I will say again that recruiting young creatives from out of state is a challenge. Even if they have solid books, I would have a super hard time getting someone to approve the money to fly them out for an interview (although there were those 2 random times when I wanted to hire juniors without meeting them, their work was that good!). So having them travel to me during their interview junket solves that big ol' problem right there.

And, although I currently don't have open jobs for them, having met them in person ahead of time gives me some hiring perspective when those jobs do in fact open up.

Setting up a trip to meet a slew of agencies is pretty smart. Setting up said trip before you even graduate is even smarter.

Friday, August 14, 2009

Total Gush

I am about to do some world-class gushing, be warned.

Maybe I live under a rock and all you folks out there know this man and the work he does, but oh. my. goodness. He rocked my world yesterday. Sir Ken Robinson. He gave a TED conference speech asking if schools kill creativity.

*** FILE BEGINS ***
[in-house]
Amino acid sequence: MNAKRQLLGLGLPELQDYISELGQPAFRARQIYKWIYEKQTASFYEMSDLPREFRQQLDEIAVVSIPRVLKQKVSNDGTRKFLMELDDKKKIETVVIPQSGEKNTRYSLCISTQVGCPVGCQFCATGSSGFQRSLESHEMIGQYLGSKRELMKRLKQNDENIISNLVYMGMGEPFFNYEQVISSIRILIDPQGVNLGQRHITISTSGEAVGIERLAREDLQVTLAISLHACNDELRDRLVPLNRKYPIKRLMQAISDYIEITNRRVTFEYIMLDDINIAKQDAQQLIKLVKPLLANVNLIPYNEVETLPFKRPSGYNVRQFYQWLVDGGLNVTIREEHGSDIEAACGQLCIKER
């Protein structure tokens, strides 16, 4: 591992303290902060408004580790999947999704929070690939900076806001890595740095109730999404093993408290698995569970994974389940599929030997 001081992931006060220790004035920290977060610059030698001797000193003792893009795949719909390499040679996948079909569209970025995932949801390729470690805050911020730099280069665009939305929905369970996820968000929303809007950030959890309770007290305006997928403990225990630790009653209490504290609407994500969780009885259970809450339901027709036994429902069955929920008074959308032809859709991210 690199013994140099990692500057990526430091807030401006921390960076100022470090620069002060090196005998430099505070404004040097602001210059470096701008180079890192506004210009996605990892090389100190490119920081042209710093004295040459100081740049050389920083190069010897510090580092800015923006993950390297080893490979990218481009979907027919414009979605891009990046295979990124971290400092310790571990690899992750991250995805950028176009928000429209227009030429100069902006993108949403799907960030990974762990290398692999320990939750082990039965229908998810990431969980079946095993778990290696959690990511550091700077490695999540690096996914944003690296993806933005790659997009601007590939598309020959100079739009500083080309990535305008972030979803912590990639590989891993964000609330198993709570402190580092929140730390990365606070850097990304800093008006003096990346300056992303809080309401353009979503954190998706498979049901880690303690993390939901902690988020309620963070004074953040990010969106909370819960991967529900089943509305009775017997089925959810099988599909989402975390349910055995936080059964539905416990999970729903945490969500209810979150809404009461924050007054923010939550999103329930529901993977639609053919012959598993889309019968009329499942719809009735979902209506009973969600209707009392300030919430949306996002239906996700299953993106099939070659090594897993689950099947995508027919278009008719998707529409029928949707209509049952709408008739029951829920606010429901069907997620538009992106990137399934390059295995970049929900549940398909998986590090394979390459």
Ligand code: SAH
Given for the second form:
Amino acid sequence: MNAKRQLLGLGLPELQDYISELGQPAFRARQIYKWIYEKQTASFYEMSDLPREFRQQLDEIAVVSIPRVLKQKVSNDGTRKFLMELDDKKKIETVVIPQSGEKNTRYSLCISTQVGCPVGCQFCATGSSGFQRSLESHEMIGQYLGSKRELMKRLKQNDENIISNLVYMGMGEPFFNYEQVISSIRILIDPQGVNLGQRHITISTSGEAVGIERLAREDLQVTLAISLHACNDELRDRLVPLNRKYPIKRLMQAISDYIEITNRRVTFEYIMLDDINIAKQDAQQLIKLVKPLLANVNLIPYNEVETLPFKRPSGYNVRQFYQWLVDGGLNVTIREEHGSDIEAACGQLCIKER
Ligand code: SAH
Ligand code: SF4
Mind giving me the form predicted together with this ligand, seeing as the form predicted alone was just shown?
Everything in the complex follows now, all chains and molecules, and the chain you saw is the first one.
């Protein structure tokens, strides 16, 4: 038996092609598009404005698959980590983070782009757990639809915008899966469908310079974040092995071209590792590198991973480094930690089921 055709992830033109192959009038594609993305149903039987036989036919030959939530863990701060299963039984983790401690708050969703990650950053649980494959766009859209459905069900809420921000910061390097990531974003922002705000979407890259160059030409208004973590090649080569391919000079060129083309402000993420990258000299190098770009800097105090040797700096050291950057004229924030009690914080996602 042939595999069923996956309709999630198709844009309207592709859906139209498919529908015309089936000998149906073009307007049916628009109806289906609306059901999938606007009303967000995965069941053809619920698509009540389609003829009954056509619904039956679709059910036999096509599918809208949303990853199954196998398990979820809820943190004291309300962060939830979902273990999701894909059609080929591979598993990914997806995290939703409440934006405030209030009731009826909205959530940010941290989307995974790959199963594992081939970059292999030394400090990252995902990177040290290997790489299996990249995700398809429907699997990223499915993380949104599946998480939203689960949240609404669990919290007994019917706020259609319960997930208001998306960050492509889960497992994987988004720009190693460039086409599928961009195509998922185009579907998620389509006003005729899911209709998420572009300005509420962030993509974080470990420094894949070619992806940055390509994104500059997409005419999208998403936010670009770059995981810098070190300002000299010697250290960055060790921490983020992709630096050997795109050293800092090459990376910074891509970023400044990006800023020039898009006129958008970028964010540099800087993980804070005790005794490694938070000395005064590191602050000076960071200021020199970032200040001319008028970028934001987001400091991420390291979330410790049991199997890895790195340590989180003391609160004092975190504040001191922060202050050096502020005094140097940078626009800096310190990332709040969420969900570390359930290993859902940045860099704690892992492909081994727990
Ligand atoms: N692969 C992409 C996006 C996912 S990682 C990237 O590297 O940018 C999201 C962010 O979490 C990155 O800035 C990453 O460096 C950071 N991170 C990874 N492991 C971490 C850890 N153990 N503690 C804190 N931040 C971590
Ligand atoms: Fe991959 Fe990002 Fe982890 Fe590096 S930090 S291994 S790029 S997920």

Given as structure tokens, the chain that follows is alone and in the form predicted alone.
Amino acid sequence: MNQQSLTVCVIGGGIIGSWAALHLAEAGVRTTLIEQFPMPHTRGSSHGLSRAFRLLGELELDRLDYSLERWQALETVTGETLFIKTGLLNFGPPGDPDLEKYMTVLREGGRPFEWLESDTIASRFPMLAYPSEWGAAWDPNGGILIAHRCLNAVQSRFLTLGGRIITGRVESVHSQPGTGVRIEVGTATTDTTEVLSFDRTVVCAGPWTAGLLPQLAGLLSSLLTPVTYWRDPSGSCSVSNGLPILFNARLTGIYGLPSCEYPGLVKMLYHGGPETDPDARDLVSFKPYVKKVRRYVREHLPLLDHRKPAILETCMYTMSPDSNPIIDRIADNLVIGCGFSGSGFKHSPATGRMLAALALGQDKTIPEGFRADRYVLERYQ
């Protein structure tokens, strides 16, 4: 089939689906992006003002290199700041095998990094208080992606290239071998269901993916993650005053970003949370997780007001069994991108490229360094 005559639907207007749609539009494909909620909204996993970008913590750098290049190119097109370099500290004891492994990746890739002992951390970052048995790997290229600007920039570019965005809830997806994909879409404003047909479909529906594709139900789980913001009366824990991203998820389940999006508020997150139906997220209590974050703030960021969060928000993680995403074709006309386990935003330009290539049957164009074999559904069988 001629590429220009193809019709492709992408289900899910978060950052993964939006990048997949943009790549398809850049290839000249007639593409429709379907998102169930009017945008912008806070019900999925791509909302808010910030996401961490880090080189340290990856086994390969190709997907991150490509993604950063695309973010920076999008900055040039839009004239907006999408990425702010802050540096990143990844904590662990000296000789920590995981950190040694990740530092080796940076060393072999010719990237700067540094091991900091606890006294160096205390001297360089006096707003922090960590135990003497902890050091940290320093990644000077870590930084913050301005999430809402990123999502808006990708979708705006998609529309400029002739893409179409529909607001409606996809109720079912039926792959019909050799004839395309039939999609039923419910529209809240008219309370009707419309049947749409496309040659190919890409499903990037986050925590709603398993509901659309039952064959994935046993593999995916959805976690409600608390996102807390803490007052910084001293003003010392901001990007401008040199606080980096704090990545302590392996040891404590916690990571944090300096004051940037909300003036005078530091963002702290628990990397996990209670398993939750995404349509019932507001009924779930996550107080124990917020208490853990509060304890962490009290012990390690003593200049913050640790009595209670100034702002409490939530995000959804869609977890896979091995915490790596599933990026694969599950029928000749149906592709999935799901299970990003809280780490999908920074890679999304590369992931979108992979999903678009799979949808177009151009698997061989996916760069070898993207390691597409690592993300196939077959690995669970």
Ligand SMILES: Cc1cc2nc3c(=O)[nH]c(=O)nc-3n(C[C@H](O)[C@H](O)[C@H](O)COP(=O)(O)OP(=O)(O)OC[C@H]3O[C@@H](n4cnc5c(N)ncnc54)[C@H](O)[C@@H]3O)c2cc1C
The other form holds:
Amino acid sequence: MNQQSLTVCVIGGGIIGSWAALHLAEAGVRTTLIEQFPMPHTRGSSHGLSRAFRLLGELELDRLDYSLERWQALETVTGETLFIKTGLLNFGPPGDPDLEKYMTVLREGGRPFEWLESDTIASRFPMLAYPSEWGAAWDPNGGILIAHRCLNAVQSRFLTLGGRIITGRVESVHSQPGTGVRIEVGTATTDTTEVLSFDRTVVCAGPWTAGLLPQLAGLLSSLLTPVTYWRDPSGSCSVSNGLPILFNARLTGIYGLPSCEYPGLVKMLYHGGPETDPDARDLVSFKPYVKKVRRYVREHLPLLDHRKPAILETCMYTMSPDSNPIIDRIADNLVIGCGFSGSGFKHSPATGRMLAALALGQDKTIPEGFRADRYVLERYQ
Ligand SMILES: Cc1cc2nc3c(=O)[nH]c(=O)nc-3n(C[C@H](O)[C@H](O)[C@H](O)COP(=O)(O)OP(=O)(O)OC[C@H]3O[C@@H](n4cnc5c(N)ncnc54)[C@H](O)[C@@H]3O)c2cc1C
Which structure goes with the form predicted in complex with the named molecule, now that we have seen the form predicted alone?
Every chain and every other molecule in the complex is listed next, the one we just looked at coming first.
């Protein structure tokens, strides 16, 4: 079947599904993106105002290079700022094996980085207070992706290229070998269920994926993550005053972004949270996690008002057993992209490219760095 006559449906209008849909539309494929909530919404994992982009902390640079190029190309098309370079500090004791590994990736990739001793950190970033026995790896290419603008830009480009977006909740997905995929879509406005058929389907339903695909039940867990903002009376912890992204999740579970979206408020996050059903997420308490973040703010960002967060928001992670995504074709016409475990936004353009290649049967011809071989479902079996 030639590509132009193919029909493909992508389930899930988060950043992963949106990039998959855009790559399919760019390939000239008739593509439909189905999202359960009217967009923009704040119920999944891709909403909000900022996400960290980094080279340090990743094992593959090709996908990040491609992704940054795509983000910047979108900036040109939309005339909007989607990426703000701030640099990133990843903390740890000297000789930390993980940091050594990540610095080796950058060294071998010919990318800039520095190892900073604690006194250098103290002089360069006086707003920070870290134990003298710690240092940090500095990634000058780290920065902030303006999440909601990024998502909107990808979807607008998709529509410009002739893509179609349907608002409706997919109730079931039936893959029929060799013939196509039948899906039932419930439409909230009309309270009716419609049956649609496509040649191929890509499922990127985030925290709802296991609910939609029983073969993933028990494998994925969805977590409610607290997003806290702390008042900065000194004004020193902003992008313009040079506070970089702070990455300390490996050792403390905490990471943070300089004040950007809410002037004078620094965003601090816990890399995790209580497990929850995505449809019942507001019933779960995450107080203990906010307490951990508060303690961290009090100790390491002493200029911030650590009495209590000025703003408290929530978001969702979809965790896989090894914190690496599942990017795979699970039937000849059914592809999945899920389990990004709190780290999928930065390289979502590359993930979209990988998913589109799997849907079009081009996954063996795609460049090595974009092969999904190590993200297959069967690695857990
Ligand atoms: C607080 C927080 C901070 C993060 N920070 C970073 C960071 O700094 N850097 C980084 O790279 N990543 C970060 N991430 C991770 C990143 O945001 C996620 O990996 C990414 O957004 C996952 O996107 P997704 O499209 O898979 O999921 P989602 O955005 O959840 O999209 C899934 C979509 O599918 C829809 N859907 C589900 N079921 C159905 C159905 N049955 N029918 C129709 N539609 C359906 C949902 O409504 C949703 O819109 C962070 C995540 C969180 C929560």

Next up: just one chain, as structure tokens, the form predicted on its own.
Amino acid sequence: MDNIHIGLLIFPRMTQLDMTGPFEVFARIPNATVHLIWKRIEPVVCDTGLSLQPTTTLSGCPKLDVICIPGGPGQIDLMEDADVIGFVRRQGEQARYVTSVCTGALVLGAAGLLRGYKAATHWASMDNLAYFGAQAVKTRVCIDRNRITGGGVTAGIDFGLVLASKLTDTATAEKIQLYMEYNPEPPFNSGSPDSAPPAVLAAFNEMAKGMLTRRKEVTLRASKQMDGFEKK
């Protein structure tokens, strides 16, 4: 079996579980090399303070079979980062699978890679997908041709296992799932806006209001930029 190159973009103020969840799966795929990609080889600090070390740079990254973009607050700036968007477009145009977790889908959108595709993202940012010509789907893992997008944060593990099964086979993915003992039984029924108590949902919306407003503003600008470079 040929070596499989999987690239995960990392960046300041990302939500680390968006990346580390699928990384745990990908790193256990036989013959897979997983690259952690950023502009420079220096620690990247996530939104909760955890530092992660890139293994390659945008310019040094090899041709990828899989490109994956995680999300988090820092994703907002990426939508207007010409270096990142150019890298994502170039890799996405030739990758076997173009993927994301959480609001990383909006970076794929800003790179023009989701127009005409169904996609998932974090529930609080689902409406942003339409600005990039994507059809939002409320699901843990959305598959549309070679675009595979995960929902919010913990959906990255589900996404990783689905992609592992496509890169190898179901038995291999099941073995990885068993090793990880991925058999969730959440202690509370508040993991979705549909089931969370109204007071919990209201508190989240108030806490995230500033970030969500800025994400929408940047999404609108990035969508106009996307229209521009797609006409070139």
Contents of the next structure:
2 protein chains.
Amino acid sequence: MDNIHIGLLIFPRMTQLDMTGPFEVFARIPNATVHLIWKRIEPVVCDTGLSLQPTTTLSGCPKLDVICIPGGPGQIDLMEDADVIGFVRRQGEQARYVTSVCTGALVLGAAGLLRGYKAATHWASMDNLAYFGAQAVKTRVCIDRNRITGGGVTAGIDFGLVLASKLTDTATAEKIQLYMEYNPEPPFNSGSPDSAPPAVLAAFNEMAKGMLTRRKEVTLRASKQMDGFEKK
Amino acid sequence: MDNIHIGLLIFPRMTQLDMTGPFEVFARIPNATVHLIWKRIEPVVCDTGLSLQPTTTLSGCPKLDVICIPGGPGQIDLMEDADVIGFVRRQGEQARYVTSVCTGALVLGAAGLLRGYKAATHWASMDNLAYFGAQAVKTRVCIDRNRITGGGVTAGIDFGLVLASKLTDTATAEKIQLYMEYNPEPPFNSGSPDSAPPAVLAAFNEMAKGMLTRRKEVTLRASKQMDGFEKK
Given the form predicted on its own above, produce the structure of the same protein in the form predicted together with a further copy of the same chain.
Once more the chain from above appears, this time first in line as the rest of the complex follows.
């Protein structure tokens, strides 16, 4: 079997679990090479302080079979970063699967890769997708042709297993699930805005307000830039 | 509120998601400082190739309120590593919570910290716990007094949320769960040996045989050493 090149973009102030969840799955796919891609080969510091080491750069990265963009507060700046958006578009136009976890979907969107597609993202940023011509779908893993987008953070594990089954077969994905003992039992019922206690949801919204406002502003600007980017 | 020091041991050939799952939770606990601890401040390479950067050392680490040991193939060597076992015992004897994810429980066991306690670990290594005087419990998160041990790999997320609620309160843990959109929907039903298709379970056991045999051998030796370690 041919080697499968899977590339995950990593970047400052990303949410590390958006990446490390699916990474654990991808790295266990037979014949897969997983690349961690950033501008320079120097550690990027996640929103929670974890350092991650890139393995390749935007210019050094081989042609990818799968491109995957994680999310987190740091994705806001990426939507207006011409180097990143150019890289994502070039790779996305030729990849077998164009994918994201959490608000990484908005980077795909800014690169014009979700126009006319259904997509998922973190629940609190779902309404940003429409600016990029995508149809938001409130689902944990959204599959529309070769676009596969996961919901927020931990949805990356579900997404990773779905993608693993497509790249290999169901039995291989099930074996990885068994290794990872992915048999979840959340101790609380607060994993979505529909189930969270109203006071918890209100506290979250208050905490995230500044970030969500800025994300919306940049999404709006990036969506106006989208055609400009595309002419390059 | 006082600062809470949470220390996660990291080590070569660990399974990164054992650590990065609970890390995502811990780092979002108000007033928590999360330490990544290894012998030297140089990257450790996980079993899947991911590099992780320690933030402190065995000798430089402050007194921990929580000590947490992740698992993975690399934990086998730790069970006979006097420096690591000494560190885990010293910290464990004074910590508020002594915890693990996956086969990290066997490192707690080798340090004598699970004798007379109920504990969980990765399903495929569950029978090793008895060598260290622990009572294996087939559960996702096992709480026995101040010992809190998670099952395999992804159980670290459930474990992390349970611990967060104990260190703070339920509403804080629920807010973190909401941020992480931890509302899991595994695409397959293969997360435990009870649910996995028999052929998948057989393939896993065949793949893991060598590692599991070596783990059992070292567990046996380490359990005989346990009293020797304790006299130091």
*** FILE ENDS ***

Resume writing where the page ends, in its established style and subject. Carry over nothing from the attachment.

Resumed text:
First off, he is an incredible public speaker. I am super jealous of that. His cadence, humor and openness are enviable. Second, he makes outstanding points. Please take the time to watch it. What he is saying is so important to the creative industry we work in.

His main point is all children have creative talent and the education system tends to squash it. He references Picasso who said all children are born artists, the problem is to remain artists as they grow up. Sir Robinson argues that there is a hierarchy in education where the most useful subjects (ones aimed at getting you a job) are up at the top and the less useful subjects (music, art) are at the bottom. As a result, highly talented, creative children think the thing they were in good in at school isn't valued and often quit pursuing it.

He concludes that in order to move into a future where innovation and creativity reign as problem solving forces, we need to radically rethink our definition of intelligence. And the school system that currently defines it.